• Transitions or threads represent the flow of control from one activity to another through a link between the activities.

• Swim lanes represent a mechanism to group activities performed by the same organizational units.

Definition 2. Activity diagram, ad is defined as a set

ad = {<N>, <AE>, <C>}, where

N = {nodesi |1≤ i ≤ n } is a finite set of nodes,

AE = {aei|1≤ i ≤ n }is an edge that connected the nodes,

C= {ci|1≤ i ≤ n } is a containment elements

.

Definition 3. N is a collection of nodes in the AD, = {<CN>, <ON>, <AC>}

where

CN = {cni |1≤ i ≤ n } is a finite set of control nodes,

ON = {oni|1≤ i ≤ n }is a finite set of object nodes,

AC= {aci|1≤ i ≤ n } is a finite set of action nodes.

Definition 4. AE is an activity edges,

AE = {<CF>, <OF>} where

CF = {cfi |1≤ i ≤ n } is a finite set of control flows,

ON = {ofi|1≤ i ≤ n }is a finite set of object flows.

Definition 5. C is a containment element,

C = {<ACT>, <AP>} where

ACT = {acti |1≤ i ≤ n } is a finite set of activities,

AP = {api|1≤ i ≤ n}is a finite set of activity partitions.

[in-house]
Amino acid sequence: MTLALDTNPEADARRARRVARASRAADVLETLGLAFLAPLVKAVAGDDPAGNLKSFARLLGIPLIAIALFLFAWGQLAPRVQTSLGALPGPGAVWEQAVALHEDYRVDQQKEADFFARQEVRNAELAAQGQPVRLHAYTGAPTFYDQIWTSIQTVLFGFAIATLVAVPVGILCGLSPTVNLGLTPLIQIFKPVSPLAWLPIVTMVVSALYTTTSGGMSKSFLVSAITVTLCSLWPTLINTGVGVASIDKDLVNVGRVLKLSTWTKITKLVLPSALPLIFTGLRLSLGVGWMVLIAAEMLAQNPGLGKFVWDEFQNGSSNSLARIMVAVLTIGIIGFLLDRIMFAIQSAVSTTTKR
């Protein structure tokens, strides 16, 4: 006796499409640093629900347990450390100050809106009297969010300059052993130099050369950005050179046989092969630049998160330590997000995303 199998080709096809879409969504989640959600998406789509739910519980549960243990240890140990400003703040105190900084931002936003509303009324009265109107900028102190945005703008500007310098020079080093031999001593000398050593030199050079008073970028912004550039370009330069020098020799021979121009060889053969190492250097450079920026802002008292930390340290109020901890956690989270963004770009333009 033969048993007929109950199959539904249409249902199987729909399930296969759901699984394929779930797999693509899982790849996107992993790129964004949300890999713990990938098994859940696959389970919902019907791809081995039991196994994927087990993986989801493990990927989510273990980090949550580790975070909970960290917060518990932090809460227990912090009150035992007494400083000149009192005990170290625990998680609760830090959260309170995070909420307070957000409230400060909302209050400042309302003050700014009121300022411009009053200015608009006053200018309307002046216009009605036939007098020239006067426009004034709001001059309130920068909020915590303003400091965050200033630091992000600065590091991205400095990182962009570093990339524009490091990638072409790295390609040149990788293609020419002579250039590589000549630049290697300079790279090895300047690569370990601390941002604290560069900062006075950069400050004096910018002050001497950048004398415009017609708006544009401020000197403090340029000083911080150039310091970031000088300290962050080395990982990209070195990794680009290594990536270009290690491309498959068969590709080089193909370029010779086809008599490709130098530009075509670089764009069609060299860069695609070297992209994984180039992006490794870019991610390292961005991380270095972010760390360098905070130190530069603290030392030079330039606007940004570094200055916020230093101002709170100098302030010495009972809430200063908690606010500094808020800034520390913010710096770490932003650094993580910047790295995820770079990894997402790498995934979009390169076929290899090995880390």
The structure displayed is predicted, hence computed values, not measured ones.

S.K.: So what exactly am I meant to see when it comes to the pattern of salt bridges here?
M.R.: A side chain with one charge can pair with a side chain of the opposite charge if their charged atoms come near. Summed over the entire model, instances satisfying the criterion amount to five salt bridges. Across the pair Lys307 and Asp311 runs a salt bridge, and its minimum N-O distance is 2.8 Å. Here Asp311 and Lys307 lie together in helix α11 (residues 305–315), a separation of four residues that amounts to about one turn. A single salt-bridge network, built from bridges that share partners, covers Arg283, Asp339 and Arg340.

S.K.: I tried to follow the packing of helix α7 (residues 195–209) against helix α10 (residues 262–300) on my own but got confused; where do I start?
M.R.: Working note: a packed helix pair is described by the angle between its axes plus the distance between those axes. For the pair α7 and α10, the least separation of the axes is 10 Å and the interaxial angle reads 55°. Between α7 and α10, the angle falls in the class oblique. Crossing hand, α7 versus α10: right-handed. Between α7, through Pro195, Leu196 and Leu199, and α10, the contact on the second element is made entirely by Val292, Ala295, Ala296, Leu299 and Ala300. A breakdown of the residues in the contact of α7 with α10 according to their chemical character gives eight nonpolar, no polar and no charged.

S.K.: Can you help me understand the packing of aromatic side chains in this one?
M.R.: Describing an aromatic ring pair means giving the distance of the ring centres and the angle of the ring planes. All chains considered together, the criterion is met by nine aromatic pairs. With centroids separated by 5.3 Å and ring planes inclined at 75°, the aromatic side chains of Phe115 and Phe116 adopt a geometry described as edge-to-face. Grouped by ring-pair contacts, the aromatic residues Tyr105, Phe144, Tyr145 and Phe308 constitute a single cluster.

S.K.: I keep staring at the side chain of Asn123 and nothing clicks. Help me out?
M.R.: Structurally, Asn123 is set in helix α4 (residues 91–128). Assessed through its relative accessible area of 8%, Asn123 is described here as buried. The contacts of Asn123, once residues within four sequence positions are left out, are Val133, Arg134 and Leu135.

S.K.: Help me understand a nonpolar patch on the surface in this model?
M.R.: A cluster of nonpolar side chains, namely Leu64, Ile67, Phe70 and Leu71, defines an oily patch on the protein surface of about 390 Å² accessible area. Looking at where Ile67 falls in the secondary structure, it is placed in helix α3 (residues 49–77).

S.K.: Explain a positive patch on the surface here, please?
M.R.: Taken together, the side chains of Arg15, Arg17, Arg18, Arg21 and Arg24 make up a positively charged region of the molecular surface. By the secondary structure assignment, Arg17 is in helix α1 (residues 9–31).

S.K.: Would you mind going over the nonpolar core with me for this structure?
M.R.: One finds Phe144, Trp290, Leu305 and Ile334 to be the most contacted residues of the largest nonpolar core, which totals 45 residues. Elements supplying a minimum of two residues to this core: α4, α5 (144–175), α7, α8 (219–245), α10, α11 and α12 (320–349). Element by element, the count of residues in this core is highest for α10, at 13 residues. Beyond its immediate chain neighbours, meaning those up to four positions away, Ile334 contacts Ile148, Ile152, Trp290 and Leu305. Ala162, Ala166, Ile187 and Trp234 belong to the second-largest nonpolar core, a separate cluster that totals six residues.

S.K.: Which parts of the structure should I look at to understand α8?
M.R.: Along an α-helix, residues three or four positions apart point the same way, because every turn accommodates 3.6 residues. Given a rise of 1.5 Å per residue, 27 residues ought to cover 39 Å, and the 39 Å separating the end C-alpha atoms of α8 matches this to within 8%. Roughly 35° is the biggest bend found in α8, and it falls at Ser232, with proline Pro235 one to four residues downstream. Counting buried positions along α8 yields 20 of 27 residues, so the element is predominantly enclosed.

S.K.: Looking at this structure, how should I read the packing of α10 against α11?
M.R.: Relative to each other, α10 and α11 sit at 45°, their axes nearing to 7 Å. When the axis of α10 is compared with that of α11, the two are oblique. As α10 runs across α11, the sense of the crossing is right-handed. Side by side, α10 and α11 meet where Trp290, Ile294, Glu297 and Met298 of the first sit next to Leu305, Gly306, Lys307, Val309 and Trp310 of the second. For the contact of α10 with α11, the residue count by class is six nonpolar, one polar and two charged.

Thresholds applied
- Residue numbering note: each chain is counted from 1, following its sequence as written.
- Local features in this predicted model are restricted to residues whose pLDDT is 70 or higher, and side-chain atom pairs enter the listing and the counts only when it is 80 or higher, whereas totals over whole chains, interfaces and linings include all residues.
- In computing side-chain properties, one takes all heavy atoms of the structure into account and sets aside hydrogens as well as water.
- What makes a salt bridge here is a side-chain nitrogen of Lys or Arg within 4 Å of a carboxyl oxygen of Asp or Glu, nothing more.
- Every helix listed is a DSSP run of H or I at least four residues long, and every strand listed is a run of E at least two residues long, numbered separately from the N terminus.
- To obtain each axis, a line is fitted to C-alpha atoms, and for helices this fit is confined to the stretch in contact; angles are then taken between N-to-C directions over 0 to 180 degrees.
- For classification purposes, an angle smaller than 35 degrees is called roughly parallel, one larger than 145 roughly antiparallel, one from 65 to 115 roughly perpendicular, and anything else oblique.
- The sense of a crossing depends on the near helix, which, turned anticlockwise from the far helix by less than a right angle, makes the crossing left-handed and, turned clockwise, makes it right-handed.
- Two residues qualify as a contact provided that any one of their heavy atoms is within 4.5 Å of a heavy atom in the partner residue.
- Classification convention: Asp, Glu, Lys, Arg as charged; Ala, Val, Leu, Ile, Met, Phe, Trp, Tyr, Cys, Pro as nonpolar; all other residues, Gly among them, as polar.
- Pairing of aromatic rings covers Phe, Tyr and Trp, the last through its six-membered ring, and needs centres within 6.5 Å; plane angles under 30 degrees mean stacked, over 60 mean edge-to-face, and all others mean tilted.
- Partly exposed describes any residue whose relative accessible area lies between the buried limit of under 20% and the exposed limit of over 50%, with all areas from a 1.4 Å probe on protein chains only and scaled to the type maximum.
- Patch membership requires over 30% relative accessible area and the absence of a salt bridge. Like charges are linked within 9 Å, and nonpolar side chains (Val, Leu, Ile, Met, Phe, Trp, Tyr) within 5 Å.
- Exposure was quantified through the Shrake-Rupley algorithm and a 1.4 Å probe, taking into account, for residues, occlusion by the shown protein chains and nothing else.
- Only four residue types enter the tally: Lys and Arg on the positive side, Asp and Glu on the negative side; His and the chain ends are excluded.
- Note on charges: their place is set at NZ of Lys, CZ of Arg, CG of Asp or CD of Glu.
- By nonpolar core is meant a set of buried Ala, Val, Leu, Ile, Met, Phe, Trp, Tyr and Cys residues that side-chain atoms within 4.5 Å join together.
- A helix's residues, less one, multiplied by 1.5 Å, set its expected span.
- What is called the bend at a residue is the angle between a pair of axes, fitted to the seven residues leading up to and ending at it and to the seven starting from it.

Definition 6. CN is set of control nodes and defined as disjoint set,

I AF FF DS J FK M where

I = {ii |1≤ i ≤ n } is a finite set of initial nodes,

AF = {afi|1≤ i ≤ n}is a finite set of activity final nodes,

FF = {ffi|1≤ i ≤ n}is a finite set of flow final nodes,

DS = {dsi|1≤ i ≤ n}is a finite set of decision nodes,

J = {ji|1≤ i ≤ n}is a finite set of join nodes,

FK = {fki|1≤ i ≤ n}is a finite set of fork nodes,

M = {mi|1≤ i ≤ n}is a finite set of merge nodes.

2) Formalization of Class Diagram (CD)

The class diagram (CD) consists of elements in terms of;

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• Properties of classes that consist of attributes and operations

• Relationships between classes called associations

Definition 7. cd described a class diagram for an activity diagram adi and is defined as a finite set of class diagrams,

={ , , … , |ad AD}

where CD

Definition 8. Let for each class diagram for an activity

diagram, is defined as = {<Class>,<Rel>},